GREENWICH, Conn. -- Republicans in Greenwich are counting on their remarkable history of electoral success in General Assembly races to continue as they seek to retain the town's three state House of Representative seats and the state Senate seat.
And they have three of the four seats either sewn up or simply waiting for 8 p.m. Tuesday when voting ends to declare victory.
State Sen. L. Scott Frantz was first elected in 2008 when he replaced retiring Republican Bill Nickerson. Frantz, a Riverside resident, is president and chairman of Haebler Capital, a private investment capital firm based in Greenwich.
A prominent fundraiser for high-profile Republicans, he isn't facing any Democratic competition this time. But a political newcomer from the Green Party is on the ballot against him.
Green Party candidate Edward Heflin is campaigning on a policy of "public banking" in which the state or other public authorities control a bank.
The Senate district includes parts of New Canaan and North Stamford as well as all of Greenwich.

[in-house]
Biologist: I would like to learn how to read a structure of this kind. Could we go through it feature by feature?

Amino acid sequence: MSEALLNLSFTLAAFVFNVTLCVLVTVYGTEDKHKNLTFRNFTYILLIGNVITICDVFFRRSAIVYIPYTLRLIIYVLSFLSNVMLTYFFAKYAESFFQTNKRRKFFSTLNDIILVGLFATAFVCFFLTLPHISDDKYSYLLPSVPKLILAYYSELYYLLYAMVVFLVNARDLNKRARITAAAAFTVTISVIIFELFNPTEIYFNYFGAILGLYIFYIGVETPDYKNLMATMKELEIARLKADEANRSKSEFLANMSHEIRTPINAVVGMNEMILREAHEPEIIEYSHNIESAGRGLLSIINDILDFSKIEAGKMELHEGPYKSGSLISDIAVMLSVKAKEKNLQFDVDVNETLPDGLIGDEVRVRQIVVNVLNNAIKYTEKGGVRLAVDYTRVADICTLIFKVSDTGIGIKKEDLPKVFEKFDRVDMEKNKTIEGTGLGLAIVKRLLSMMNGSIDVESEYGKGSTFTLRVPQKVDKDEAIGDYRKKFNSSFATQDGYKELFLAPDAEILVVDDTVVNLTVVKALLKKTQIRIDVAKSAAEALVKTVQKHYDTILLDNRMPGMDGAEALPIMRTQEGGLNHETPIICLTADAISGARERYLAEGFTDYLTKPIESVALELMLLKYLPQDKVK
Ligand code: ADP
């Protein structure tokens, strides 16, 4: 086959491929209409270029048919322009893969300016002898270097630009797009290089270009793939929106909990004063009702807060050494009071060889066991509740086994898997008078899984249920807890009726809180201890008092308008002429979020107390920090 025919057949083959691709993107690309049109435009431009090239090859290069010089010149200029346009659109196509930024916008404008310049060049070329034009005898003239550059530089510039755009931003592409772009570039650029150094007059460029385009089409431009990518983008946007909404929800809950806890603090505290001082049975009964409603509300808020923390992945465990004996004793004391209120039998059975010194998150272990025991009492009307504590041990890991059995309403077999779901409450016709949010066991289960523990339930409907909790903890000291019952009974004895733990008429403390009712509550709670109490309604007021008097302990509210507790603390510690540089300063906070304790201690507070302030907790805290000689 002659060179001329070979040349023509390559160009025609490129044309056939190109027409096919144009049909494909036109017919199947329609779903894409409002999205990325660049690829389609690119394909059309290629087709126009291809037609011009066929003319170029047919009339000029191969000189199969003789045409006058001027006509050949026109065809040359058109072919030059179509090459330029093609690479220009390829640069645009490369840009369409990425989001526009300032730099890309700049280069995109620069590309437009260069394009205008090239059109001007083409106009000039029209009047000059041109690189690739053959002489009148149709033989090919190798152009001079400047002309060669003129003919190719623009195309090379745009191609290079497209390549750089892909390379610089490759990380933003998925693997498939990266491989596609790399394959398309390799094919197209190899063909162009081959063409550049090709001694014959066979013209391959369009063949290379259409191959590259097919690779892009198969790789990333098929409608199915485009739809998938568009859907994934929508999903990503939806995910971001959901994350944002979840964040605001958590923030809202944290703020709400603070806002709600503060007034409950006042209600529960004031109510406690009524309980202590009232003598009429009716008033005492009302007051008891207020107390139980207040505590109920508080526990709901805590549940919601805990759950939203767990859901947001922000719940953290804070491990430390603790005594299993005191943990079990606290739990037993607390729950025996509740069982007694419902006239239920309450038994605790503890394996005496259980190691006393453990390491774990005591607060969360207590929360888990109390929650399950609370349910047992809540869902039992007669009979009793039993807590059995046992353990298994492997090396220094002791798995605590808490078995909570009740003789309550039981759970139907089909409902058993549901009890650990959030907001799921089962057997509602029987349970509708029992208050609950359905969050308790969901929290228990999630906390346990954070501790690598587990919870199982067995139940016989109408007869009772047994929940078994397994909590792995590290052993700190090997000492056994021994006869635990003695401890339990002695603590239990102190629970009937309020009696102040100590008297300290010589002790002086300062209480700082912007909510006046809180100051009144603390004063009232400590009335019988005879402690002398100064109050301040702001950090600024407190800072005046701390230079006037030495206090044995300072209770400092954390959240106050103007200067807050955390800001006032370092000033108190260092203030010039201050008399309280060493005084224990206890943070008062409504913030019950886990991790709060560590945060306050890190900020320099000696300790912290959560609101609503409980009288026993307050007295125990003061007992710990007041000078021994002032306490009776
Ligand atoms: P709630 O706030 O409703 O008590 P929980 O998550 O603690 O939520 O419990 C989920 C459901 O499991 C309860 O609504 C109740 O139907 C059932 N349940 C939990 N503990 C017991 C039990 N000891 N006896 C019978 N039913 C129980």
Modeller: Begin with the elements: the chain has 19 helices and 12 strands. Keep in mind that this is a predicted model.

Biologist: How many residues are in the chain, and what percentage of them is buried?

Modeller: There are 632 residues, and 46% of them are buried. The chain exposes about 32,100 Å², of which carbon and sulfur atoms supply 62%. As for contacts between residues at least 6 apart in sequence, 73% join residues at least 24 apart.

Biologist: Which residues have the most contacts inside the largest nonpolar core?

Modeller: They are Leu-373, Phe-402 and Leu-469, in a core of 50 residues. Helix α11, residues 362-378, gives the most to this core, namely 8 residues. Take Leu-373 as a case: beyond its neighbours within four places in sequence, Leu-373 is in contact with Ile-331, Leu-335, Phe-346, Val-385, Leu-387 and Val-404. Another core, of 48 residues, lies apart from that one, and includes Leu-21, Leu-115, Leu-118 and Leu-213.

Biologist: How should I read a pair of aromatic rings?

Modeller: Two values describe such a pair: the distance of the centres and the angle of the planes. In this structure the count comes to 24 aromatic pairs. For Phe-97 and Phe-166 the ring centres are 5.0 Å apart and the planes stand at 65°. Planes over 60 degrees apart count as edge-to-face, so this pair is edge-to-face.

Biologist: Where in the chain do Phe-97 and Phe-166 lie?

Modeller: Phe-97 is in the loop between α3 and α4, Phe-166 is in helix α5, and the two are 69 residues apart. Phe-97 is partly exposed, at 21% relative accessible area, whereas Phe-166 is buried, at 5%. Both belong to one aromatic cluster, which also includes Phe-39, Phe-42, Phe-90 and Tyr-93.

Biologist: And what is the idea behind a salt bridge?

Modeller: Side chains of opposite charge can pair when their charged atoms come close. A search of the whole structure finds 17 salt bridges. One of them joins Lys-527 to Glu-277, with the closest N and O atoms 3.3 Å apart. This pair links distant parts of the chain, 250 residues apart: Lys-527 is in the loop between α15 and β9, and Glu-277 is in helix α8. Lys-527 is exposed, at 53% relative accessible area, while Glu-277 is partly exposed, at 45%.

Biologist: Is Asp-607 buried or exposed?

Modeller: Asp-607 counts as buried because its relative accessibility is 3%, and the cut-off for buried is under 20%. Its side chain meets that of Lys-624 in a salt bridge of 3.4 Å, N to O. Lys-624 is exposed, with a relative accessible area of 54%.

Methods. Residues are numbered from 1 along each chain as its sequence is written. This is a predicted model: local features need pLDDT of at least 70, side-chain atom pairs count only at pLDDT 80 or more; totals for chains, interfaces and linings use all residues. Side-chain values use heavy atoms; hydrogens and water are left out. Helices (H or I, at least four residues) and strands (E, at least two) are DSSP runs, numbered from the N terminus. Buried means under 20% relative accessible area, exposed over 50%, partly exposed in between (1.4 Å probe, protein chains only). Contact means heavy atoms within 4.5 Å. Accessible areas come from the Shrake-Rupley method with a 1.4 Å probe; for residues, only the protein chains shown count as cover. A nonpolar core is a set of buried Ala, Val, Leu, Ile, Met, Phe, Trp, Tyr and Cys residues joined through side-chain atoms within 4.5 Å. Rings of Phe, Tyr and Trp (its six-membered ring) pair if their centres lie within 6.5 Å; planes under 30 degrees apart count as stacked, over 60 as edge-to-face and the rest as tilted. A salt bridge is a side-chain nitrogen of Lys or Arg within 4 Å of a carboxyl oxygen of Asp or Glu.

Fred Camillo, who was also first elected in 2008, isn't facing any opposition in the race for the 151st House District. The Old Greenwich resident represents a district that Democrats have fought to win in the past, including a near victory by Democrat Ed Krumeich in 2006 against Republican incumbent Dolly Powers. However, Camillo, a former school teacher and business owner, has won his district by comfortable margins in the last three elections.
The dean of Greenwich's state house legislation, Livvy Floren, is seeking her seventh term for District 149. Her re-election became substantially easier when her Democratic opponent, Marc Abrams, suspended his campaign earlier this month after pressure from leading Democrats, including Gov. Dannel P. Malloy.
He faced criticism due to an ongoing lawsuit against him alleging sexual harassment while he was a partner at hedge fund Titan Capital Group.
In the only race where a Democrat is running, Jill Oberlander, a Belle Haven resident and first-time candidate, is up against another first-timer, Republican Mike Bocchino, in the 150th District.
The seat was previously held by one-term Republican Steve Walko. However, he didn't run again this fall because he moved out of the district into another part of town.
Bocchino has been active in Byram, where he has been president of the Byram Neighborhood Association.
Oberlander, a member of the town's Representative Town Meeting, has been vocal in questioning the town's leasing policies.
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